In a roundabout way that’s what the Swedish company EF Education offers, but with a lovely visual identity and a lot of nice words about how it “opens the world through language, travel, cultural exchange and academic programs.”
Nippo is a Japanese construction firm that found a scorpion on a construction site in September 2017 and has been too rattled to post on social media ever since.
Did you know that Groupama-FDJ is actually marketing something specific, rather than just the essence of Frenchness? It’s true!
Groupama is a French mutual insurance group that “insures tomorrow with confidence”. It has operations in 12 countries and is apparently the second biggest mutual insurer in the world, which certainly sounds impressive, even if I don’t know what a ‘mutual insurer’ is.
FDJ is a long-time sponsor of the team in incarnations including Francaise de Jeux, fdjeux.com and now FDJ. It is the government-owned French national lottery, because gambling is A) fantastic and non-harmful and B) something that a federal government should be profiting off.
Ineos is a chemicals company owned by billionaire Sir Jim Ratcliffe. Ratcliffe, one of Britain’s wealthiest individuals, is an enthusiastic supporter of Brexit and is based in Monaco for tax purposes.
In 2017, Ratcliffe decided to enter the automotive industry with a four-wheel-drive that borrows heavily from the Land Rover Defender’s aesthetic. It is called the ‘Grenadier’ after his favourite pub and has a distinctly British look and feel to it, despite being manufactured in France (because, Brexit).
Everything is going well for Jim, and his derivative car.
The team with the longest name in the game – and one of the busiest jersey designs – is title-sponsored by three different companies.
In first billing is the newest arrival to the team sponsorship, Intermarché, a French supermarket chain owned by an even bigger retail group, Les Mousquetaires.
Wanty has been around the squad since it was an adorable little baby ProTeam; it’s a Belgian engineering firm.
Gobert Matériaux is a Belgian building materials supplier. Its staff is “trained to advise you on your choice of materials, as well as on all the new products available,” which sounds frankly exhausting.
Israel Start-Up Nation
Israel Start-Up Nation is, like Ineos, the passion project of the ultra-wealthy: in this case billionaire co-owners Ron Baron and Sylvan Adams. Ron Baron has maybe the world’s most bonkers house. Sylvan Adams is a Canadian Zionist that wants cycling to make a big splash in Israel.
Originally positioned as a development squad for Israeli riders, the team has morphed over the years to gain a WorldTour berth and attract big name riders like Chris Froome.
The ‘Israel’ part of the team name is pretty self-explanatory, and ‘Start-Up Nation’ comes from a non-profit incubator in Israel that seeks to attract tech startups.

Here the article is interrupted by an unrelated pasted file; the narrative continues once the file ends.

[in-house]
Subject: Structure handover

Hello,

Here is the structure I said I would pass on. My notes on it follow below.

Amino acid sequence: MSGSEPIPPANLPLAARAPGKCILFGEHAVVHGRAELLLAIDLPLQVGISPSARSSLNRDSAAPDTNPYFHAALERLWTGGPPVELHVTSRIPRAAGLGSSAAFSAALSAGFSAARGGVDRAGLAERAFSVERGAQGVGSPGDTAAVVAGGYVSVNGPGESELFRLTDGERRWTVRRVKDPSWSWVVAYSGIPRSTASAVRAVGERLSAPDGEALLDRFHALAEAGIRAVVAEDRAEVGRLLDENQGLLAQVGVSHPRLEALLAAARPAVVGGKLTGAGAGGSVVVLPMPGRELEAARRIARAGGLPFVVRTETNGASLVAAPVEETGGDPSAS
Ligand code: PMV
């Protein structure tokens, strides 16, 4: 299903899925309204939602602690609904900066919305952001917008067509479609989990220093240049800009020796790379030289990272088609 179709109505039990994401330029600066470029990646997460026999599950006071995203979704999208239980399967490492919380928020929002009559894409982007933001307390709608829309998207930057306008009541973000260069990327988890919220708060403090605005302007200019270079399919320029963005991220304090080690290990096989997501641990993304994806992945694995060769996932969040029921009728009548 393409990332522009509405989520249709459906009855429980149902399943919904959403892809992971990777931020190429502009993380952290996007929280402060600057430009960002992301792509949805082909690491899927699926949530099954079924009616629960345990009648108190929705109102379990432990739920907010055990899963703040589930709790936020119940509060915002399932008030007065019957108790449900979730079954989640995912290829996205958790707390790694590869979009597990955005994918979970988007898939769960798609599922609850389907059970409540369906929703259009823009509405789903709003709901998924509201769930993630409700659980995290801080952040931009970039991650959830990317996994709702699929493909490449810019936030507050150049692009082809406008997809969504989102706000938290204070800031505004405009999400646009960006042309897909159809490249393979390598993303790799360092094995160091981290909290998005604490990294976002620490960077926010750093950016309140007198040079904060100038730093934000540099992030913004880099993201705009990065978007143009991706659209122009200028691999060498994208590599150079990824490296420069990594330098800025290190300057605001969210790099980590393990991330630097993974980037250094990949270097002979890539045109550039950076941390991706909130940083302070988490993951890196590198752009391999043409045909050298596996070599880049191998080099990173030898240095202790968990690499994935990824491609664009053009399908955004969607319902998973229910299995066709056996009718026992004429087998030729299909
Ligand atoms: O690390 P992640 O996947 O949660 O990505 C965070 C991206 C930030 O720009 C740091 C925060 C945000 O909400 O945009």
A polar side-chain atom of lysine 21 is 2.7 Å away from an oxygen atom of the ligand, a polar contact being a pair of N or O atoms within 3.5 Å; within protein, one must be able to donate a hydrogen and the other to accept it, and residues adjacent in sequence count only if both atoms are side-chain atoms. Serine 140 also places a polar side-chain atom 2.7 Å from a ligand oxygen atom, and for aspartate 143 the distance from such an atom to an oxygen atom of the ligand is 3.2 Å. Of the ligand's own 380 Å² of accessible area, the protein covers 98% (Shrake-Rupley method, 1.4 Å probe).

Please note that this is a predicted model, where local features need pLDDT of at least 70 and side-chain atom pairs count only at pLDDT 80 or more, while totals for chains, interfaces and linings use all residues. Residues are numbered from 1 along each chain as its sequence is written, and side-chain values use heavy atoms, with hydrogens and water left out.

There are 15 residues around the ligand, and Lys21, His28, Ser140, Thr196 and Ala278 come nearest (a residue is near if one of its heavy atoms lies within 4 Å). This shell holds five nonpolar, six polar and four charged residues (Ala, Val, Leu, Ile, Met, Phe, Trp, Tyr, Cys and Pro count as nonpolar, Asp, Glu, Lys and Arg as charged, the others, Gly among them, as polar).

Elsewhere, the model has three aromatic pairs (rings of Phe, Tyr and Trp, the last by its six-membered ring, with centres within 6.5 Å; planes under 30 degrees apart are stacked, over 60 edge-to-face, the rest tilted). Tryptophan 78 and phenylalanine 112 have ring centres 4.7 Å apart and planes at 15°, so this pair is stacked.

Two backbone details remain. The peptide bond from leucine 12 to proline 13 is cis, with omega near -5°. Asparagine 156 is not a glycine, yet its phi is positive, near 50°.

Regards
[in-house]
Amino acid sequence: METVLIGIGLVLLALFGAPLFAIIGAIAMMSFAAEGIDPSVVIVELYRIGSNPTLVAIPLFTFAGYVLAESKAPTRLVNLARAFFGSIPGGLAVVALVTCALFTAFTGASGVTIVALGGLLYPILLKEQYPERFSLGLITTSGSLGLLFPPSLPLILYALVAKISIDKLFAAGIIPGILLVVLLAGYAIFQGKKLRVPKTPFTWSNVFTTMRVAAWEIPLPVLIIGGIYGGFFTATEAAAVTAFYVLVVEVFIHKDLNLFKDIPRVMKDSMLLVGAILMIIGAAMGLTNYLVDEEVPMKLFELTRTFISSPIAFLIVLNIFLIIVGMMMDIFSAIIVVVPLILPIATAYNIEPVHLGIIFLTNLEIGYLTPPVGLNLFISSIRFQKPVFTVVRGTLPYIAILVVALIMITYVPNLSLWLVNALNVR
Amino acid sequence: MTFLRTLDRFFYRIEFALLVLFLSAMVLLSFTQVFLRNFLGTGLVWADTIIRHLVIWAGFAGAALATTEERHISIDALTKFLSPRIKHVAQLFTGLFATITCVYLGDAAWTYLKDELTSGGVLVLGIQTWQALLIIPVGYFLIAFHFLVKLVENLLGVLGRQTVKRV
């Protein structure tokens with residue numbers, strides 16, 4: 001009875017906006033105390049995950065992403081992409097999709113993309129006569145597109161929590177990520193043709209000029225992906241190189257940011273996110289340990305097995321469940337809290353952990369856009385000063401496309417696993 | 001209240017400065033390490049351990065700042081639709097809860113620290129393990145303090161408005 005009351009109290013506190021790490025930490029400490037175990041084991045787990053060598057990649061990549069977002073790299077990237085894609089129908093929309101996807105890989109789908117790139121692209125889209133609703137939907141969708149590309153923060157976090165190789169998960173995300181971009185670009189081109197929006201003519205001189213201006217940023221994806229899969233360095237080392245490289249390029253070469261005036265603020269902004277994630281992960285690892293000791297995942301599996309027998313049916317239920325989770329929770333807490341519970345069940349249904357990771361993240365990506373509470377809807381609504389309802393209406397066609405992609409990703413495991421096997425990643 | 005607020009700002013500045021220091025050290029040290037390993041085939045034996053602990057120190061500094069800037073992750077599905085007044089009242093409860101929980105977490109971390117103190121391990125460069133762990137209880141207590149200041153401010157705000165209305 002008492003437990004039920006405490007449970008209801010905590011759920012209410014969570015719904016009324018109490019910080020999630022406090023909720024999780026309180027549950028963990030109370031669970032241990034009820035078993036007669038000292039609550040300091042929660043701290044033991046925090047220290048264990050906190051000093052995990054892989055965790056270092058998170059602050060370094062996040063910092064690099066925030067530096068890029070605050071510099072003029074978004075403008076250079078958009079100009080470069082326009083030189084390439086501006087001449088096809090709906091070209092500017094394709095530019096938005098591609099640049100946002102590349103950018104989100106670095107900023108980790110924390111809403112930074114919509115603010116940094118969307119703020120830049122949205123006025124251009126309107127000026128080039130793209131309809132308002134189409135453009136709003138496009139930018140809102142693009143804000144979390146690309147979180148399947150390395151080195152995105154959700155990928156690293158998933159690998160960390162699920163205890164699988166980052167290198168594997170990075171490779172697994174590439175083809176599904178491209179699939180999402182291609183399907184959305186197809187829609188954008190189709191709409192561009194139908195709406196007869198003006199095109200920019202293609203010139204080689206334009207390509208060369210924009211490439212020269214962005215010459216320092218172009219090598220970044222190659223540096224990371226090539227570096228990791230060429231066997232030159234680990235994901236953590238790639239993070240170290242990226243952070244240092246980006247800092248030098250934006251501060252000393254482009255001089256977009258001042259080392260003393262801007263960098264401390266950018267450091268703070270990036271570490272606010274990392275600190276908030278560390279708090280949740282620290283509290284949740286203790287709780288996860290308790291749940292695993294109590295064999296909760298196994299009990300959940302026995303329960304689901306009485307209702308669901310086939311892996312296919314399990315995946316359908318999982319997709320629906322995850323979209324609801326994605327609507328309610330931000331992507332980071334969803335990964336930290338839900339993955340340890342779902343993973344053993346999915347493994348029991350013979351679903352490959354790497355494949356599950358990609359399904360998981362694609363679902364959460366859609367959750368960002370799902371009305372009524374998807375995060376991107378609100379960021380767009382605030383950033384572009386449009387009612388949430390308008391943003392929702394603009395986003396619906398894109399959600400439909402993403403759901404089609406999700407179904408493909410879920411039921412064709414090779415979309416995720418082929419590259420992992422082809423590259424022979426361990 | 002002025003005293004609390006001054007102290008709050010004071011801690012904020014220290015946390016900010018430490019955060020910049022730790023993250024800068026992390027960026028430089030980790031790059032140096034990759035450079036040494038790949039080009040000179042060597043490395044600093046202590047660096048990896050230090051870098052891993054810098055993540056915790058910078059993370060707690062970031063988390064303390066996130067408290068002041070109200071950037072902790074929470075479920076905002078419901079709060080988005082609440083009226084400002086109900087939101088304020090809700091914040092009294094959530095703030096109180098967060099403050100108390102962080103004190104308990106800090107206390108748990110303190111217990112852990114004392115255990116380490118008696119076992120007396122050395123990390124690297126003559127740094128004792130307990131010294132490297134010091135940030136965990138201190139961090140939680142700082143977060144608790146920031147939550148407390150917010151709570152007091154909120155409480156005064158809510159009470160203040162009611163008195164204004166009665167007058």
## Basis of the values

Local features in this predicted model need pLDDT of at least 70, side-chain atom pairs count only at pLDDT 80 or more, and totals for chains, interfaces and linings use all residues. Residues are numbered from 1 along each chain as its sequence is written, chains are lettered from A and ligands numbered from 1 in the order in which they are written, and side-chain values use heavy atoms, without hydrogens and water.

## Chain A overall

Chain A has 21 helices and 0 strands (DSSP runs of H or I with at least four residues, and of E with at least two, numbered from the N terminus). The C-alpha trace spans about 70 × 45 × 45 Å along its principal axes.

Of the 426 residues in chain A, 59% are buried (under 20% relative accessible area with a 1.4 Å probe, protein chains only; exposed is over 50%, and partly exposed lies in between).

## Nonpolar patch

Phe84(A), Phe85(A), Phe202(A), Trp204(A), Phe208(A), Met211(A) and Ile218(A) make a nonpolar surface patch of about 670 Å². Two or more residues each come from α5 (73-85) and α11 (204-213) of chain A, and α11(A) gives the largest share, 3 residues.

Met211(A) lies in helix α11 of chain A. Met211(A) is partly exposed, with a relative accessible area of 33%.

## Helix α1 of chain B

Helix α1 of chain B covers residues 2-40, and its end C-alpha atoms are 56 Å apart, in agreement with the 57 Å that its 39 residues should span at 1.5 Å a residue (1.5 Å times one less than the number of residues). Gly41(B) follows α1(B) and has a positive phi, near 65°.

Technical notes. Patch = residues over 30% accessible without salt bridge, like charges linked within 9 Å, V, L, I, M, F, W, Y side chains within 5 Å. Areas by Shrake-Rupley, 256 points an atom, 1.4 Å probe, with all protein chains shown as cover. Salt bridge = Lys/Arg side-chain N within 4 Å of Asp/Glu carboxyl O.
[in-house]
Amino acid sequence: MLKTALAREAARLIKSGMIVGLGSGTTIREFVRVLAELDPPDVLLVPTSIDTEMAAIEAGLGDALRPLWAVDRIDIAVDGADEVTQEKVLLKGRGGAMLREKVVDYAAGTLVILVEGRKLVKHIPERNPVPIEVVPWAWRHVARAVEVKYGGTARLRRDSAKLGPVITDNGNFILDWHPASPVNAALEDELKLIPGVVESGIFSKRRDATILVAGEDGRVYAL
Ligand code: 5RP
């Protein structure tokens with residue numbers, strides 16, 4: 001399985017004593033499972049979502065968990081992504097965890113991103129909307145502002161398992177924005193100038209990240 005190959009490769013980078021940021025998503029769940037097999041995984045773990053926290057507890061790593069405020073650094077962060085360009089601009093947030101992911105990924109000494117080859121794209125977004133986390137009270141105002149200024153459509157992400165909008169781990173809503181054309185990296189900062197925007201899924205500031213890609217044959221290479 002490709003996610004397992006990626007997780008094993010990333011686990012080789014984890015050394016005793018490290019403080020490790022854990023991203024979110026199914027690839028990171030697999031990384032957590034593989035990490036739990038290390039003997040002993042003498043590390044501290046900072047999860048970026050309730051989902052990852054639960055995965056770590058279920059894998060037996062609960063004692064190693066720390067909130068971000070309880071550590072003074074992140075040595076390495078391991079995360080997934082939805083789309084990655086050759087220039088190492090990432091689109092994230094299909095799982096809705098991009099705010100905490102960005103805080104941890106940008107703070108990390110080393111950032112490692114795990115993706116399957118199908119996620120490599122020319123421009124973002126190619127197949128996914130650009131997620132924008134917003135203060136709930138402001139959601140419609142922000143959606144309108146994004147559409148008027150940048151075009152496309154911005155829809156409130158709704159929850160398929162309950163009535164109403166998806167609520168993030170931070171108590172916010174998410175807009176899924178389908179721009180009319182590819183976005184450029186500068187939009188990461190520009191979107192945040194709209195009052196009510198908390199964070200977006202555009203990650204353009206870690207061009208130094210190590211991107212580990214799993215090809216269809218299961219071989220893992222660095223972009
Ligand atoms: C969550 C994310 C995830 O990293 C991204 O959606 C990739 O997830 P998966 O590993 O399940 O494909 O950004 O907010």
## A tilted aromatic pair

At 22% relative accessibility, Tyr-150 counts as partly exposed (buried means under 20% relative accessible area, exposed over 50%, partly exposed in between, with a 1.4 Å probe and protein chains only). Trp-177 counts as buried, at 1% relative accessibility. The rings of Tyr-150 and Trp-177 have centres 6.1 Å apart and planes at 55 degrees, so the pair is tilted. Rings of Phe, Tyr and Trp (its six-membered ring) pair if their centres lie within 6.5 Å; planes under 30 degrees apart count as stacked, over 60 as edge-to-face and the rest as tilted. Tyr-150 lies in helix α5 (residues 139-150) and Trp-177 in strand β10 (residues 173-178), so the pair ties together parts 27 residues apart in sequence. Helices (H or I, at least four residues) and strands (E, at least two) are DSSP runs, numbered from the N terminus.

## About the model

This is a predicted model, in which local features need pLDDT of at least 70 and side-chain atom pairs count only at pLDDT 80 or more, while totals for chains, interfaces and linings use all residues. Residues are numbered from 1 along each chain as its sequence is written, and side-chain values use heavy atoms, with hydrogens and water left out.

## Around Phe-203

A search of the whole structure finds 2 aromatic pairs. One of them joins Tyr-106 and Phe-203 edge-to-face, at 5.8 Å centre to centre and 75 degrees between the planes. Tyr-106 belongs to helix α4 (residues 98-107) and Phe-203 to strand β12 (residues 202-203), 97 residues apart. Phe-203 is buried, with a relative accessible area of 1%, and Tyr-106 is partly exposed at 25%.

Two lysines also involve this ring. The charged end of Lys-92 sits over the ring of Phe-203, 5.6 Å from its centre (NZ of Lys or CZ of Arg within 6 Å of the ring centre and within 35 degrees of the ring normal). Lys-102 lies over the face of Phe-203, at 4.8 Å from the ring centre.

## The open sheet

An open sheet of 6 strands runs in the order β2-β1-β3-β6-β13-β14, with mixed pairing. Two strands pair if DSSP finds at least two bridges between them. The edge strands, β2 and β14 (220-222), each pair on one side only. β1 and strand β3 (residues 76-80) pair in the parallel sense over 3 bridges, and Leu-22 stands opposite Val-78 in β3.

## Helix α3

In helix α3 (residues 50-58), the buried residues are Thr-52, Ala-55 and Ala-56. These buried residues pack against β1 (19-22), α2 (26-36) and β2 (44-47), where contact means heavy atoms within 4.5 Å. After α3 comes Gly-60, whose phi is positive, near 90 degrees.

Call me a pedant, but the placement of the team’s hyphen is and will ever remain my waking nightmare.
Lotto and Soudal are kind of like the gin and tonic of the peloton – an enduring pairing that has been going down smoothly for years.
Lotto is the Belgian state lottery – a Belgian FDJ, if you will.
Soudal is an adhesives manufacturer. That probably sells them short a bit, though, because they own the factory that is the biggest global producer of polyurethane foams. Soudal employs – and I quote – “around 3,654 people worldwide”, which strikes me as a fairly specific ballpark figure.
But what the hell do I know; I am not a market leader in sealant.
The team we now know as Movistar has been around since 1980 under guises from Reynolds to Banesto to Caisse d’Epargne. Since 2011, the Spanish and Hispanic-American telecommunications company Movistar has been the name on the jersey.
It’s apparently working out well enough for Movistar that they can justify funding two seasons of a lavish Netflix documentary series that frequently shows the team in a terrible light.
This one kind of does what it says on the tin: the team is sponsored by the government of Bahrain, a resource-rich and human-rights-poor gulf state.
Last year the team was co-sponsored (sort of) by sports car manufacturer McLaren – a company which is also part-owned by the government of Bahrain. This year the team has gone for a more nebulous second half of the name: the hope of a win or two.
The artist formally known as Mitchelton-Scott (and before that, Orica-GreenEdge) has since its inception been sponsored by a shifting cast of companies owned by Australian multi-millionaire Gerry Ryan.
Ryan has been a longstanding supporter of Australian sport – cycling, horseracing, netball and various codes of football included. His cycling team’s current incarnation is under the name of BikeExchange, an online sales platform for bicycles (and former owner of CyclingTips, incidentally).
He is also a key backer of the animatronic production company Walking With Dinosaurs, which is a tantalising prospect for future cycling team title sponsorships.